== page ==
Realty firm lists aiding community as key goal

March 3, 2019
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Old Colony Realtors, through its Old Colony Cares program, donated $8,000 to the city of Huntington to tear down a dilapidated house in the 1800 block of Charleston Avenue.

HUNTINGTON — In the summer of 2016, several areas of West Virginia were flooded after 8 to 10 inches of rain fell over a period of 12 hours. The flooding devastated thousands of homes and many lives.

“This is when the Old Colony Cares idea started,” said Zachary Rankin, a Realtor with Old Colony Realtors in Barboursville. “We began collecting items for those affected by the floods.”

After that effort, the next community service project for Old Colony Cares was to help the local Habitat for Humanity.

“We donated $4,000 to help replace stolen tools,” Rankin said.

Now the agency is turning its attention to one of Huntington’s most vexing problems — dilapidated, unsafe structures.

Old Colony Cares is a program that gives back to the local communities it serves in the Tri-State by supporting charitable causes and community service projects.

Each year, Old Colony Realtors donates to the Huntington City Mission and the Boys and Girls Club Golf Scramble event.

“We will also be a title sponsor for the Huntington Board of Realtors Tower Hill Challenge Obstacle Course Race for the third year in a row,” Rankin said. “The event raises proceeds to help with the Barboursville Community Outreach Program, as well as the Barboursville Wellness Center.”

Last year, Old Colony Realtors collected items to help with the Backpack and Brown Bags initiative.

“You can see some of the work done with this charity on the Netflix documentary ‘Heroin(e),’ starring our own Necia Freeman,” Rankin said.

Freeman, a Realtor with Old Colony Realtors, is well known for her passion to help communities in the Tri-State region.

“The population decline in Huntington has been a contributing factor to many of the issues facing the city, including its abandoned housing problem,” Freeman said. “Instead of just complaining about vacant and dilapidated houses, we wanted to do something about it.”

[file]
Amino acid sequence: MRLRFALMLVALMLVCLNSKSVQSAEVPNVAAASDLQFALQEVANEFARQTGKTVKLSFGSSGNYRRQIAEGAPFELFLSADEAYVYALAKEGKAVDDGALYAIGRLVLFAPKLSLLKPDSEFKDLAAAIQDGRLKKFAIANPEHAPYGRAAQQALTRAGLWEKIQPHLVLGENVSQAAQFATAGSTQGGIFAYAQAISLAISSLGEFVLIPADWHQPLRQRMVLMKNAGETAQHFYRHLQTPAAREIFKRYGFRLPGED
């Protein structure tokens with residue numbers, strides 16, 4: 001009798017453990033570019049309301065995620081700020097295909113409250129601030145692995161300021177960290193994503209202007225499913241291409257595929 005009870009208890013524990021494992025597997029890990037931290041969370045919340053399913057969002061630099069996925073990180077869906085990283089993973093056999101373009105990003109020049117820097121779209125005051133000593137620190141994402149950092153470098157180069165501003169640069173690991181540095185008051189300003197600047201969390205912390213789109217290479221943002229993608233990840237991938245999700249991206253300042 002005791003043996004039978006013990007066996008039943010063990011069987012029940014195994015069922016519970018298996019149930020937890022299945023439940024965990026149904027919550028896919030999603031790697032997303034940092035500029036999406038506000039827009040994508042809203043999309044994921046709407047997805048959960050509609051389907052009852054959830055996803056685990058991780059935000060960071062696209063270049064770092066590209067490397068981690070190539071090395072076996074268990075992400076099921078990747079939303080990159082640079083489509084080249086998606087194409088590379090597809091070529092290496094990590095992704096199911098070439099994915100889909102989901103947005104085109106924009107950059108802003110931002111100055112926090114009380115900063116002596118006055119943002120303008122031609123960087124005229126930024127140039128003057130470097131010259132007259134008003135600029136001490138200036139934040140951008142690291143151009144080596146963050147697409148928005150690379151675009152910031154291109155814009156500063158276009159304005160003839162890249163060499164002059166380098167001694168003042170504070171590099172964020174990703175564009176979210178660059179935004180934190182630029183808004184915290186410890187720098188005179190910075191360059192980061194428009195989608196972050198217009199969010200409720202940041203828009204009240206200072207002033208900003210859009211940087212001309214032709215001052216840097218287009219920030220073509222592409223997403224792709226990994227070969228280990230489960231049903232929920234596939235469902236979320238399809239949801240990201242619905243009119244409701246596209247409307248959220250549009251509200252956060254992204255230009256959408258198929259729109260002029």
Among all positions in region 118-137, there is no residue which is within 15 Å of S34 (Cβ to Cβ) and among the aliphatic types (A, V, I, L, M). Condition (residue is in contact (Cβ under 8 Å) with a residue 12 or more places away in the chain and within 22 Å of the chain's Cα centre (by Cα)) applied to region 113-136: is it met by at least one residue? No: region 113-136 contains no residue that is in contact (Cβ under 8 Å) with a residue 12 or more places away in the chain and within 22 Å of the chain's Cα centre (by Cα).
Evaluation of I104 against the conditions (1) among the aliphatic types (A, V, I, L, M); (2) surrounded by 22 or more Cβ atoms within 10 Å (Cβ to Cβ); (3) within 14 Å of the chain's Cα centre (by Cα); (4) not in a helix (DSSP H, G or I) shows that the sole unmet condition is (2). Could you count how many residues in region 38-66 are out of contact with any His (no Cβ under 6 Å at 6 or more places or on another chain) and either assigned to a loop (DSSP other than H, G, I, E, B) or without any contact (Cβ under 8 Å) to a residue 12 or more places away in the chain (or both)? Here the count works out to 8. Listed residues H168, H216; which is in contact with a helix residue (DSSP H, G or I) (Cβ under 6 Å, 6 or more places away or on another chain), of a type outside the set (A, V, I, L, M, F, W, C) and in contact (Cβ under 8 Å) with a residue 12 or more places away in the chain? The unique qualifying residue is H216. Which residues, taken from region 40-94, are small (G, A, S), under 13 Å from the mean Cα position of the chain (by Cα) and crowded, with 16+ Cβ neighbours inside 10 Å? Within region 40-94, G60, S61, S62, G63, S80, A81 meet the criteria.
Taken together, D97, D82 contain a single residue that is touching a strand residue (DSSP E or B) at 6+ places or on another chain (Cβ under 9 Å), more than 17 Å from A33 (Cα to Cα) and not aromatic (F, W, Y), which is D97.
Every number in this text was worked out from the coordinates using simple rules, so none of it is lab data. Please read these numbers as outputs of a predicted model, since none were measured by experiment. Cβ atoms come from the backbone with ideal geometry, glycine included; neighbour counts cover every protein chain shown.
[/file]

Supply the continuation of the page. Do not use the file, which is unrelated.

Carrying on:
This year, Old Colony Cares donated funds to help in the demolition of a home on Huntington’s tear-down list.

According to Christal Perry, demolition specialist for the city of Huntington, there are currently 172 abandoned structures that have been ordered to be demolished in the city.

“We know there are more, and the public has been good about reporting them,” Perry said. “Right now, we have 100 buildings targeted for demolition in 2019 and 13 of those have already been taken down.”

Perry says the costs to demolish a home can range from $5,000 to $20,000, depending on the size of the structure and if excessive asbestos is an issue.

“It can be costly, depending on the issues involved with each demolition,” she said.

Between late fall 2017 and the end of 2018, 53 dilapidated structures were demolished in Huntington.

“Amazingly, more than $400,000 has been donated by private individuals for demolition. Most have been anonymous donors,” Huntington Mayor Steve Williams said in his State of the City address Feb. 15.

One of those donors was Old Colony Realtors through its Old Colony Cares program. The company donated $8,000 to the city to tear down a dilapidated house in the 1800 block of Charleston Avenue. The house was selected by Old Colony Realtors because of its location near an elementary school.

“Students walking to school at Spring Hill Elementary had to pass by it,” said Mark Mansour, broker at Old Colony Realtors in Barboursville. “We felt like this one would make the most impact in that neighborhood.”

The home next door is a nice home, according to Mansour.

“When one of these houses is demolished, it increases the value of all the houses in that neighborhood,” he said. “When a neighborhood is cleaned up, it helps bring in economic activity to that neighborhood.”

Mansour says the economic impact of selling a house in West Virginia can be around $50,000.

“It is very important to the sustainability of the real estate industry to keep neighborhoods alive and thriving,” he said.

Mansour said Old Colony Realtors has 38 Realtors with 603 years of combined experience.

“We have been around 75 years and we want to be part of solutions to problems facing the communities we serve, so it’s important to us that we stay involved and give back as much as we can to those communities,” he said.

Old Colony Realtors has also issued a challenge to other businesses to match their donation or give any amount to help improve community neighborhoods by demolishing unsafe, abandoned structures.

“We can all do something to help with this problem,” Freeman added. “Real estate companies can get together to make a donation; banks can make a donation; insurance and closing companies that are part of the housing market can make a donation. We can’t wait for the government to save us. Even as citizens or those in the business community, we must be proactive and do our part to make our neighborhoods better one house at a time.”

Follow reporter Fred Pace at Facebook.com/FredPaceHD and via Twitter @FredPaceHD.